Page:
Letters July 7: Do we prioritize statues or people?; the truth about residential schools

Should we care about statues or people?

The Tuesday letters to the editor were appalling in their vitriol. One does not have to support vandalism or property damage to understand there is a “back story” here, so let’s try and view this in some context.

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First Nations leaders have been consistent in their condemnation of these actions while also articulating the painful reminders of past wrongs that these colonial symbols generate.

As a society I think we are capable of walking and chewing gum at the same time. Supporting the rule of law and acknowledging the systemic cultural and physical genocide built into our colonial governance and educational structures are not mutually exclusive.

For me the question is where should our concern be directed? What would you choose, a few cement or bronze statues or the First Nations of Canada?

There is a lot to do, let’s not get sidetracked by a few outliers who choose to act out in a negative way.

Roald Anderson


Statues do not teach, education system does

If, in the future, people have forgotten about moral abominations committed in their name, it won’t be because we took down some statues.

It will be because our education system, our collective and individual memories and indeed our moral compasses have failed.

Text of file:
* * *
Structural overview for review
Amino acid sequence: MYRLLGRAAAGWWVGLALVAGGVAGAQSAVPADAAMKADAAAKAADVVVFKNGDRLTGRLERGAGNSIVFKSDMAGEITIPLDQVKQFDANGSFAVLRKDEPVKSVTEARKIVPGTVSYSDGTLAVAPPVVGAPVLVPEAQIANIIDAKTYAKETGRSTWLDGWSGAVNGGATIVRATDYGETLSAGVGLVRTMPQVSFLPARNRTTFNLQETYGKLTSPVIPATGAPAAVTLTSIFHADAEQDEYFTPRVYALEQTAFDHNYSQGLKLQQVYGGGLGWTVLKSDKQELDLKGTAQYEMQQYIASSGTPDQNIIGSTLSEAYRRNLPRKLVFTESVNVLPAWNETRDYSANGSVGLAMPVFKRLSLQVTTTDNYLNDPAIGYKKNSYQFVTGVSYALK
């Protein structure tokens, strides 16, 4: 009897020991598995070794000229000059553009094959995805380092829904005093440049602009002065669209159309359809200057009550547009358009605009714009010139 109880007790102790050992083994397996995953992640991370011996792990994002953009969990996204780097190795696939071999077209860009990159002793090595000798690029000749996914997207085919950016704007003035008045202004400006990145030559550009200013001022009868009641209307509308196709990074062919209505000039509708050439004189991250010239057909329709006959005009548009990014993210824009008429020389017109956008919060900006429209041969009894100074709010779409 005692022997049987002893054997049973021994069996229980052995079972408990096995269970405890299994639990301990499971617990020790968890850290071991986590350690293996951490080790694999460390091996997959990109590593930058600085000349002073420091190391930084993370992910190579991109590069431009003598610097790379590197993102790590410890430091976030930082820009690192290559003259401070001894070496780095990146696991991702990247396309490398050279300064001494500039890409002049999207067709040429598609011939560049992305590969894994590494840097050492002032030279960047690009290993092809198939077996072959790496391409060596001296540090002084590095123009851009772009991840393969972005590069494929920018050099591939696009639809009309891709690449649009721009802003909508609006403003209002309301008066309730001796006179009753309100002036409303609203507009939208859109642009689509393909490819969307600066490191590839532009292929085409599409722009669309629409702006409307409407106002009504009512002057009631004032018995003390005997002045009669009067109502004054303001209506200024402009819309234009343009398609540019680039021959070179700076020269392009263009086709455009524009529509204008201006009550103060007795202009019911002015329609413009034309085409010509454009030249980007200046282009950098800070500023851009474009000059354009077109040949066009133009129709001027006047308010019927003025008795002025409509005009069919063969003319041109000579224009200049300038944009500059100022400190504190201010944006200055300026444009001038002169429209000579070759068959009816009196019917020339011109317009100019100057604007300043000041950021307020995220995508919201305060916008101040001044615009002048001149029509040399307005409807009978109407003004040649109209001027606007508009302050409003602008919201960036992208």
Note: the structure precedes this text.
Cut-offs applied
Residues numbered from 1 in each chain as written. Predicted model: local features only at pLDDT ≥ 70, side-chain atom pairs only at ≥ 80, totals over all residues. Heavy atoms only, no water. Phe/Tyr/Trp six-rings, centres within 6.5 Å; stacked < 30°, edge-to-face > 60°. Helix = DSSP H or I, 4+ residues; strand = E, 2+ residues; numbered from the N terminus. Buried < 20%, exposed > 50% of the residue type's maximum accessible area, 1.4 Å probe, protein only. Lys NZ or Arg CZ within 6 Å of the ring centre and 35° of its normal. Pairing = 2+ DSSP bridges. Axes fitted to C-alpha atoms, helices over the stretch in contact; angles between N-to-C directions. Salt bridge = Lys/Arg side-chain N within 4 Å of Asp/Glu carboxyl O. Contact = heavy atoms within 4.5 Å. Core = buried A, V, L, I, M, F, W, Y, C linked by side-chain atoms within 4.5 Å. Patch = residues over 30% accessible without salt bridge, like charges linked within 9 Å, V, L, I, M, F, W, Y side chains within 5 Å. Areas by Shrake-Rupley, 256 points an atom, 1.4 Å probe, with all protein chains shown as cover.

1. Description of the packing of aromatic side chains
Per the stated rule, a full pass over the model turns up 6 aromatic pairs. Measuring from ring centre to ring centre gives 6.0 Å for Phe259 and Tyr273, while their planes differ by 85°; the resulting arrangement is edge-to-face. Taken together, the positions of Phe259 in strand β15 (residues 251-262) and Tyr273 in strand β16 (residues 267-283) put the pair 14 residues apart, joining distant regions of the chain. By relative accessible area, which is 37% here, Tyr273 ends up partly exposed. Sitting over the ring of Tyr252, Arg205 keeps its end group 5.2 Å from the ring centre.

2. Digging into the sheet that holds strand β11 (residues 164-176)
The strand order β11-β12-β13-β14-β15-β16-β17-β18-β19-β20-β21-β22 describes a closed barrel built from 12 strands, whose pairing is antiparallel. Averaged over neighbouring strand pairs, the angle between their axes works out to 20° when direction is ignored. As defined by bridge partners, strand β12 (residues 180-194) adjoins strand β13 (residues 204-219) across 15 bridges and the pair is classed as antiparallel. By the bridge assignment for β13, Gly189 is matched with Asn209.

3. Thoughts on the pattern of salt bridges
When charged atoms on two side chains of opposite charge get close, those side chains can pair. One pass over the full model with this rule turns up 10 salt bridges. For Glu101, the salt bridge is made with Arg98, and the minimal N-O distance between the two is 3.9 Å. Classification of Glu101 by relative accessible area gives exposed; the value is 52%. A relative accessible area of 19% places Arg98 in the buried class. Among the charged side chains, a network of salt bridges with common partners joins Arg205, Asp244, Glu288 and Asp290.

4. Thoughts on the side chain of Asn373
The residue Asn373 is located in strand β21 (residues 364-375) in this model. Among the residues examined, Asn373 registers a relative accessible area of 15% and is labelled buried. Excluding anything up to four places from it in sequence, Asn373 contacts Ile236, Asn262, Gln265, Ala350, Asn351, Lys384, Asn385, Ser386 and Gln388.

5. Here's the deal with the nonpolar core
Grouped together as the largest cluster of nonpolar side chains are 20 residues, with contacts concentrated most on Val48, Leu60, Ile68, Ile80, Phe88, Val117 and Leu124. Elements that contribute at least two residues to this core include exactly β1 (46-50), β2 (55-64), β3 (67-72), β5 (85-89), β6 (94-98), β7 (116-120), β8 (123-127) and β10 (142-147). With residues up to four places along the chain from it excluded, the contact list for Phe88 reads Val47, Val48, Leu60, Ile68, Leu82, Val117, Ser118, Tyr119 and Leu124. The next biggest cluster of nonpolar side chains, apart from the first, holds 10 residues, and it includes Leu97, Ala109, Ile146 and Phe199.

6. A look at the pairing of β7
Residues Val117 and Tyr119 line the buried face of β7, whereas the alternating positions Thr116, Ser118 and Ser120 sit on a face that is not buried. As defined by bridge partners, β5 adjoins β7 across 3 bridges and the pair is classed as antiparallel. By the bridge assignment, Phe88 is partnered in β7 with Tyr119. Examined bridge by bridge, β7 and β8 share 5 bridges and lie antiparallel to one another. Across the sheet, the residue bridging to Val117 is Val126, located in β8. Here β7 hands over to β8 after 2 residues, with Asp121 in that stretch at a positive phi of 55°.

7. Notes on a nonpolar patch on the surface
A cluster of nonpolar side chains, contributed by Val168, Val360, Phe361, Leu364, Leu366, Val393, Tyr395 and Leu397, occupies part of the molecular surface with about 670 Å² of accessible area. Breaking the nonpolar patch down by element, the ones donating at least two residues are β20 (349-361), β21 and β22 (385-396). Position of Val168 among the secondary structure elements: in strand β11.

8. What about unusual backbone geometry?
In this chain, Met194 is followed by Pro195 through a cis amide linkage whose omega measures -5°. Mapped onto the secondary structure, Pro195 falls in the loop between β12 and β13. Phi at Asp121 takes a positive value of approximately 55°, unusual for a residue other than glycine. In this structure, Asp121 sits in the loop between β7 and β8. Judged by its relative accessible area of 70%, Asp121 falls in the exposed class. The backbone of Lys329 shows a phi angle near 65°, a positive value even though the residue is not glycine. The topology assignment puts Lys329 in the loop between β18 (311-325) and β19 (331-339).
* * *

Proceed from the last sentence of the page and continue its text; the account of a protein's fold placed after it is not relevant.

Statues are not there to educate; they are there to insist through history that their likenesses were important, and morally right. If we are really concerned about education, there’s a great museum across the street.

Liam Collins


In place of Cook, how about a stump?

I was born just down the road from Capt. James Cook, but don’t need a statue to remind me of his remarkable exploits. After all the indignation about his overthrow, here are some practical suggestions.

First, let’s replace the good captain with a giant old-growth stump from the forest near Port Renfrew. Whether it decays or nurses new growth, it may teach us that wilderness is not far away, whether positively in nature or negatively in human hearts.

Second, as long as this city is called Victoria, let’s enjoy more of her statues. We can ship over a boatload of redundant Queen Victorias from junkyards in India and set one up in every neighbourhood. To titillate American tourists, we could add a job-lot of Stalins and Lenins from Russia.

My favourite would be of Enver Hoxha, Stalinist dictator of Albania, the toes of whose golden idol I once saw kissed by fervent workers and peasants.

Victoria badly needs some serious frivolity.

Doug Porteous


No law prevented residential schools